Thursday 29 September 2011

Two Virtuoso Violinists

Virtuoso violinists throughout the centuries have arguably, more than any other instrumentalists, achieved a ‘god-like’ status with the public. From the Italian Paganini in the 1800’s described as the first Romantic virtuoso, to Nigel Kennedy, who today is not only famed for his interpretation of Vivaldi’s Four Seasons but his work with musicians from other genres - violinists have both enthralled and entranced audiences with their brilliant technique and golden tone.

This October we will be exploring the artistry of not one but two violinists. We will be touring with Norwegian violinist, Henning Kraggerud who will performa specially commissioned work by British composer Piers Tattersall which explores the style of Fritz Kreisler – an Austrian violinist and composer of the early 20th century..

Henning is an artist of exquisite musicianship, who combines an unusually sweet tone and beauty of expression with impressive virtuosity, drawing audiences and critics alike towards the genuine quality of his playing. This summer, on tour in Mexico, Henning and Britten Sinfonia players established a great rapport with Henning and are looking forward to performing with him for our regular audiences in Norwich, Cambridge and London.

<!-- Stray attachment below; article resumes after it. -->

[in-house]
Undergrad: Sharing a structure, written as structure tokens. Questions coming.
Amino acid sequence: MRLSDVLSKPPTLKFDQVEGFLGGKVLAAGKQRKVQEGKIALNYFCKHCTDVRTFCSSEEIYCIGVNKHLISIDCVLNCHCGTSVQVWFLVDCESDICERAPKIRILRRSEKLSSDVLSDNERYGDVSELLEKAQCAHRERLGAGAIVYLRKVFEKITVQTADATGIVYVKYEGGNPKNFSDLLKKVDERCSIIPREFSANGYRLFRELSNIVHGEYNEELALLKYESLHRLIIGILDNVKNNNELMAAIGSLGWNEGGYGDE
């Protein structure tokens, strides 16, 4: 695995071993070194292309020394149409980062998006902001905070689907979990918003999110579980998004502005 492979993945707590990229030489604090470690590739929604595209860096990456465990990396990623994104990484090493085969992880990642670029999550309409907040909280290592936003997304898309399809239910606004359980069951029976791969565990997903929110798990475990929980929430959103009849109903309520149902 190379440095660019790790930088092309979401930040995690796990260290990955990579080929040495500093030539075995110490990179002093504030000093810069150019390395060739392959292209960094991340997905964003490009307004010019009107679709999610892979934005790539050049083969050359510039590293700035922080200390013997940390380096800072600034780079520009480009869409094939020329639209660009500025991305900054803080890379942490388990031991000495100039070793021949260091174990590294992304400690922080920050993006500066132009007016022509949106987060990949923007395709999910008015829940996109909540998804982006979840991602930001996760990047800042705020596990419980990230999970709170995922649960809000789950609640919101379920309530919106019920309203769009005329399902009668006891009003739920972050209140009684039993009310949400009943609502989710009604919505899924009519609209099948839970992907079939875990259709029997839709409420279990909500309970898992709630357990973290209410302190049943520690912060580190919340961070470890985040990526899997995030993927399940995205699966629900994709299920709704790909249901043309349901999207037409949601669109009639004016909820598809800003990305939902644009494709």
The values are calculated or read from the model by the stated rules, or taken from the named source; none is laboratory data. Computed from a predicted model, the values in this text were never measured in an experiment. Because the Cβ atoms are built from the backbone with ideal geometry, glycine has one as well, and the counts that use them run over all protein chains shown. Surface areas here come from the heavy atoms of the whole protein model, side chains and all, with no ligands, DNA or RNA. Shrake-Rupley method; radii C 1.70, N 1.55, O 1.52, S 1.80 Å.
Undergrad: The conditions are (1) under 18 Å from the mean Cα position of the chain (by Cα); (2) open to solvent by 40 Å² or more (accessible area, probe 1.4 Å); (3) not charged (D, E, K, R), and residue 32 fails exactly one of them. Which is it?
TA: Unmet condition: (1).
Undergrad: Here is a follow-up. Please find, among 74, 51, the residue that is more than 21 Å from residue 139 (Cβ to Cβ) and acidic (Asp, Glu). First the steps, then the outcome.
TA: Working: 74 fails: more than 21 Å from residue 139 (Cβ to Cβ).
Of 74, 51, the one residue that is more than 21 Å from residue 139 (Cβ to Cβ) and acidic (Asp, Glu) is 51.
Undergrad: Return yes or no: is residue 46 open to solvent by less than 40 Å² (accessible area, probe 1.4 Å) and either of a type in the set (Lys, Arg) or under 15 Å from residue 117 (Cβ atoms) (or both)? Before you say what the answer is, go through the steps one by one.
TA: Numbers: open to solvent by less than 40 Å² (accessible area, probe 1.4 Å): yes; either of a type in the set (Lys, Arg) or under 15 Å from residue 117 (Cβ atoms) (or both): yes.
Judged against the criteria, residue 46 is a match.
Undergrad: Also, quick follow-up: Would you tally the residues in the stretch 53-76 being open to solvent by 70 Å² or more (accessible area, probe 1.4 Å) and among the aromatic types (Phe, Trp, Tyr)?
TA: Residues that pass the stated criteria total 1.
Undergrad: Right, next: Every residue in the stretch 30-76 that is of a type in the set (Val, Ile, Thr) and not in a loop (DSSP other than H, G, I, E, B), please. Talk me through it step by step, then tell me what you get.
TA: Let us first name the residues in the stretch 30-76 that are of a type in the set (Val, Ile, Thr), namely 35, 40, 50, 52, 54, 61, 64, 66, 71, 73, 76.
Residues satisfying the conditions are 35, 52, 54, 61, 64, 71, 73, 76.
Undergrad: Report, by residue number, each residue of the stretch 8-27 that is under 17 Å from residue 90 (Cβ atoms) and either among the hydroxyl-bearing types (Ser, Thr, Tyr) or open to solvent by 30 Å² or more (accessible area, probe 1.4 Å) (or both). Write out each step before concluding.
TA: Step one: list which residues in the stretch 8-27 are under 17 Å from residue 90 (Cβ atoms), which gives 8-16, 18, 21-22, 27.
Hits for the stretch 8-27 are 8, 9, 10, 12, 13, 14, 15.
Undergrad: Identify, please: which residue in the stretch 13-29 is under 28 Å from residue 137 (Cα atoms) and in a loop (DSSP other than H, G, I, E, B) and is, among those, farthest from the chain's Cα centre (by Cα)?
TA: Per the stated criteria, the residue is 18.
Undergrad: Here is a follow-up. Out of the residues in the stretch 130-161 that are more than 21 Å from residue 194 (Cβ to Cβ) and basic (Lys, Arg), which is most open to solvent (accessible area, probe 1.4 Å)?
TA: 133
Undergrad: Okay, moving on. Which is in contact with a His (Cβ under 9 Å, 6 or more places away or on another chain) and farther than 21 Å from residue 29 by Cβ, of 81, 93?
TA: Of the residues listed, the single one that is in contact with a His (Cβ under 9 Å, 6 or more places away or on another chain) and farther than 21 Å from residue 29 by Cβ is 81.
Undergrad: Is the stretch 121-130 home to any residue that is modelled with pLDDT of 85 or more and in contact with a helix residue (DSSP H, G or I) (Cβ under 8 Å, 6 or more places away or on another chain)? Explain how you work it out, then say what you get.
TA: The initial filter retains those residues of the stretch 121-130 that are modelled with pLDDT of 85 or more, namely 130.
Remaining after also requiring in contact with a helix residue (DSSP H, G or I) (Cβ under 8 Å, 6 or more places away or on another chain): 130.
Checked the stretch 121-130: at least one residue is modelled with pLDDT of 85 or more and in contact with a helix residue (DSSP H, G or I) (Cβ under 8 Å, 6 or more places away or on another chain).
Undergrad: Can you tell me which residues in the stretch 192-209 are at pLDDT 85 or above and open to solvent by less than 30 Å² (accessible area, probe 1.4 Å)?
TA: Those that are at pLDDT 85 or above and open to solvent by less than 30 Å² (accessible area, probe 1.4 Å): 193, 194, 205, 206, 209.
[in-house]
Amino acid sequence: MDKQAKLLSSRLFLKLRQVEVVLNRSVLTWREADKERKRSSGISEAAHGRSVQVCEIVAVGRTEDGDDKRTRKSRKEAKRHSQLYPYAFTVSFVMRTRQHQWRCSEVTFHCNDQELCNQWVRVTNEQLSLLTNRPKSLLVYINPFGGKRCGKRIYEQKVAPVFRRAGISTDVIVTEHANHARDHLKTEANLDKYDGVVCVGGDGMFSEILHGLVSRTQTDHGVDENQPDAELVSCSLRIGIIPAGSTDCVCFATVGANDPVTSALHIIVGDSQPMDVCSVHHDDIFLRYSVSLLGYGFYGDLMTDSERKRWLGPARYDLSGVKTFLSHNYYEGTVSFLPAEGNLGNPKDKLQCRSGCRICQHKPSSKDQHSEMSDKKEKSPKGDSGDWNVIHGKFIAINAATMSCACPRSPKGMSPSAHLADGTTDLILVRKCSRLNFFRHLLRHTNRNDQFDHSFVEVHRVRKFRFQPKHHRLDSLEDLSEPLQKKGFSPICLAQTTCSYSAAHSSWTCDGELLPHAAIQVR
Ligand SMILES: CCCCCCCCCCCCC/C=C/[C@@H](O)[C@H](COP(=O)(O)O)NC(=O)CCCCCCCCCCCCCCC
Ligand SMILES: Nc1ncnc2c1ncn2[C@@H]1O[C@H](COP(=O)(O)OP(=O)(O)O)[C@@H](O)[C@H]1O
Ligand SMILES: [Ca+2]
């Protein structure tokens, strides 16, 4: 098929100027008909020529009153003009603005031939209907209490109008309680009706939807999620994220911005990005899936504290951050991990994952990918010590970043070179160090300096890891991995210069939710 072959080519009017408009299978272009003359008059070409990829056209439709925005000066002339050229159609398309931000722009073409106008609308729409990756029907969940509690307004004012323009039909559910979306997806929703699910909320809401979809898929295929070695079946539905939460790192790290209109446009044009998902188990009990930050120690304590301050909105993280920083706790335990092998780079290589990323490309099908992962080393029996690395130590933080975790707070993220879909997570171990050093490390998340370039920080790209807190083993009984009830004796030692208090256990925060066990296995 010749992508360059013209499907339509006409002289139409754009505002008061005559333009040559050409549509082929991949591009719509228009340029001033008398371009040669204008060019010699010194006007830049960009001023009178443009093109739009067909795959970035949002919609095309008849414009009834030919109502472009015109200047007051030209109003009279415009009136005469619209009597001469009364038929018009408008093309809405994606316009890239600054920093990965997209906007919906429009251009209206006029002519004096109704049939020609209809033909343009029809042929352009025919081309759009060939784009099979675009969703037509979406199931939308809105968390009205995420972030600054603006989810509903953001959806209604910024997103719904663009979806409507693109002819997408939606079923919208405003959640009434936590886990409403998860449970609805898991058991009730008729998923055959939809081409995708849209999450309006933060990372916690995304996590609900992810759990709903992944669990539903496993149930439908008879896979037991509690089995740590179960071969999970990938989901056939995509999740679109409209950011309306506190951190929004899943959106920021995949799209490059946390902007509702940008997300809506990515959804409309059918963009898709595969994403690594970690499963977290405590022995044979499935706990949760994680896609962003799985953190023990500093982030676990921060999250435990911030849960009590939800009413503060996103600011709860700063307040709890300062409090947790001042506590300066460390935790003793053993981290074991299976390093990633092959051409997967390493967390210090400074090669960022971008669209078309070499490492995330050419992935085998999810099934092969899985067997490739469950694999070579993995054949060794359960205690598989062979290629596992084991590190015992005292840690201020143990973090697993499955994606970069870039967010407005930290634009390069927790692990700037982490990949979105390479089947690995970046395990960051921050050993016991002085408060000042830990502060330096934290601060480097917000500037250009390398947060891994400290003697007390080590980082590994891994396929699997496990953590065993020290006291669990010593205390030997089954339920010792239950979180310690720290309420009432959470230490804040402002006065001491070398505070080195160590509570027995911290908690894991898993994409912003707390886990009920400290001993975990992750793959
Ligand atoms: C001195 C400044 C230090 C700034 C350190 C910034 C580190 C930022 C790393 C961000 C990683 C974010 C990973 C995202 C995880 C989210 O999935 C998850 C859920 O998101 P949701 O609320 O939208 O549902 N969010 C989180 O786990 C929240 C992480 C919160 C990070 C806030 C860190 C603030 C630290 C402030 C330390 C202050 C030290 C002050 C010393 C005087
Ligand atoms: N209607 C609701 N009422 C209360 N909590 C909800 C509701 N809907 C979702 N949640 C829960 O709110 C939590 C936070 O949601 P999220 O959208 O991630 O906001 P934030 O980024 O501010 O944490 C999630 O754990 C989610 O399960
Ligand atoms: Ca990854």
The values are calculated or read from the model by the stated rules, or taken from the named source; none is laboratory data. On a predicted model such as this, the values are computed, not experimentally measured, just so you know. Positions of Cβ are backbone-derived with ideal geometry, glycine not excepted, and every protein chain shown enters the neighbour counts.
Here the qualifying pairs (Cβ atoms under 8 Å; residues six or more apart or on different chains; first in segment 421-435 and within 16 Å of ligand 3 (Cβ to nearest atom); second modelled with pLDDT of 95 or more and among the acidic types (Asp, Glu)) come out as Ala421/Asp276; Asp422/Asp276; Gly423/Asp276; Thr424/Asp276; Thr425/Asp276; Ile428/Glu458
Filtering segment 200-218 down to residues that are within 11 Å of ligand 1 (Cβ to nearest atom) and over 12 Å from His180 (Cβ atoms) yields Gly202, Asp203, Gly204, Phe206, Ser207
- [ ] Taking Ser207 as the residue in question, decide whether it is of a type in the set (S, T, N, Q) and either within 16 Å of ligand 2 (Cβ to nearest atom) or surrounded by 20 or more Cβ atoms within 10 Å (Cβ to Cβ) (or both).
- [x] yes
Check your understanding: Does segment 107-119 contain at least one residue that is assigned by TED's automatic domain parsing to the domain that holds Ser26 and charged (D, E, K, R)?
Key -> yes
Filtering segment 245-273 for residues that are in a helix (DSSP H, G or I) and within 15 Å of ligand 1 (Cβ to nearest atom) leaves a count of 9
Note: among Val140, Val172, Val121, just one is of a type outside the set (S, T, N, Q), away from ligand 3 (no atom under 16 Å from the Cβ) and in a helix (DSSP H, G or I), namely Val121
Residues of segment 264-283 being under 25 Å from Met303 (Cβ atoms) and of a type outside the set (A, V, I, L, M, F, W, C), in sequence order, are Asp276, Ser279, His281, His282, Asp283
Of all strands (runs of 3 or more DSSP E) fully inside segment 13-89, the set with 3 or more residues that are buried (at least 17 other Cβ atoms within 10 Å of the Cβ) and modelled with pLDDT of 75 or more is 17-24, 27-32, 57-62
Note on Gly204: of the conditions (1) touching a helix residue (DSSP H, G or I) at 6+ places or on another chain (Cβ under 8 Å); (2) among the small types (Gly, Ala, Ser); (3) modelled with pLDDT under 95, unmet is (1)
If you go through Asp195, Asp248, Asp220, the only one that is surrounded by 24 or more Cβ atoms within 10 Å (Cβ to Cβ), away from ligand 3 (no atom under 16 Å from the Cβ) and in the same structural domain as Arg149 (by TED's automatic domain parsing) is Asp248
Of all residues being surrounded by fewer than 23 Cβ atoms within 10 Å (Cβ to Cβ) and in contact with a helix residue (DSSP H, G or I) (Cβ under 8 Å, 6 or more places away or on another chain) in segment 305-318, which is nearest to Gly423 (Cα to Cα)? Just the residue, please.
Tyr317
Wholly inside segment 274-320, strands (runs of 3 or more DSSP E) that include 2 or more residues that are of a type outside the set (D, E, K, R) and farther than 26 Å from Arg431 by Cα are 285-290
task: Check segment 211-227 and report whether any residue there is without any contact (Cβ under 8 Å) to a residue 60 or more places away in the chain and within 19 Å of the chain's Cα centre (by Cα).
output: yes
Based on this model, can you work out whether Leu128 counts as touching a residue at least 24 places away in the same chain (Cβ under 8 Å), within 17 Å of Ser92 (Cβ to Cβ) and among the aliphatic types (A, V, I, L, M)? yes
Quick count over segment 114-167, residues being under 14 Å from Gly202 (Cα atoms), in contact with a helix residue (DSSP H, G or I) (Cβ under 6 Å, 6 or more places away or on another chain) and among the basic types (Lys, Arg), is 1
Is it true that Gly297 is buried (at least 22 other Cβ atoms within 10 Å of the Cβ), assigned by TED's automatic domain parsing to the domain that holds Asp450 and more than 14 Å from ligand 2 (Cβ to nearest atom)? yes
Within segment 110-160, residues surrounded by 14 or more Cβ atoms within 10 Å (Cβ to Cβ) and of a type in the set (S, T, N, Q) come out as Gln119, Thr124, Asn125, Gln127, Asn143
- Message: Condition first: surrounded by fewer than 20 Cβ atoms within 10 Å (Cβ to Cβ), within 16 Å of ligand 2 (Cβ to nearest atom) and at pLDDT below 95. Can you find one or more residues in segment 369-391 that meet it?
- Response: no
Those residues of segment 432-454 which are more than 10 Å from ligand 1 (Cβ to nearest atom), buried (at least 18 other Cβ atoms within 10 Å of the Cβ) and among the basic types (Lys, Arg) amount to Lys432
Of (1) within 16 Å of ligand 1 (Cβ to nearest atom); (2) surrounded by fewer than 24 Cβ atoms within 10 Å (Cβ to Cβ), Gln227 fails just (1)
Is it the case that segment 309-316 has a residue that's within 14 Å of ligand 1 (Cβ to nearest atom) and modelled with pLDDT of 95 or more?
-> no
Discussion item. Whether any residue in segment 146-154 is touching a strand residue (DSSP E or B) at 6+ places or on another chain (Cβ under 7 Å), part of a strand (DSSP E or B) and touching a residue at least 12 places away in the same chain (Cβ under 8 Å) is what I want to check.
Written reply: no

Part of the programme is a new work by the young composer Piers Tattersall. In the process of writing this new piece Piers and Henning discussed in great detail how the new work would develop and what the inspirations behind it were. Entitled Kreisler, l’entre deux guerres the work is informed by elements of the life and music of Kreisler. Perhaps the most popular violinist of the early 20th century Kreisler was known for his expressive sweet tone and brilliant technique. He played in what has often been described as a ‘cosy’ style and had a taste for ‘pastiche’. In the 1930’s Kreisler caused controversy when he admitted that a number of pieces he’d published which he’d ascribed to other composers (e.g. Vivaldi, Couperin and others) were in fact his own compositions. Kreisler answered complaints by declaring that critics had already deemed the compositions worthy and he explained his motive was to build well-rounded programmes for his concerts that would contain virtuoso pieces by established composers, rather than a series of pieces under his own unknown name.

Piers Tattersall’s Kreisler l’entre deux guerres is commissioned by Britten Sinfonia with support from the William Alwyn Foundation and additional funding from the RVW Trust. For more information about the concerts click here. The première will take place at Norwich Theatre Royal on Sunday 2 October and then tours to Cambridge’s West Road Concert Hall on Wednesday 5 October and London’s Southbank Centre on Friday 7 October.

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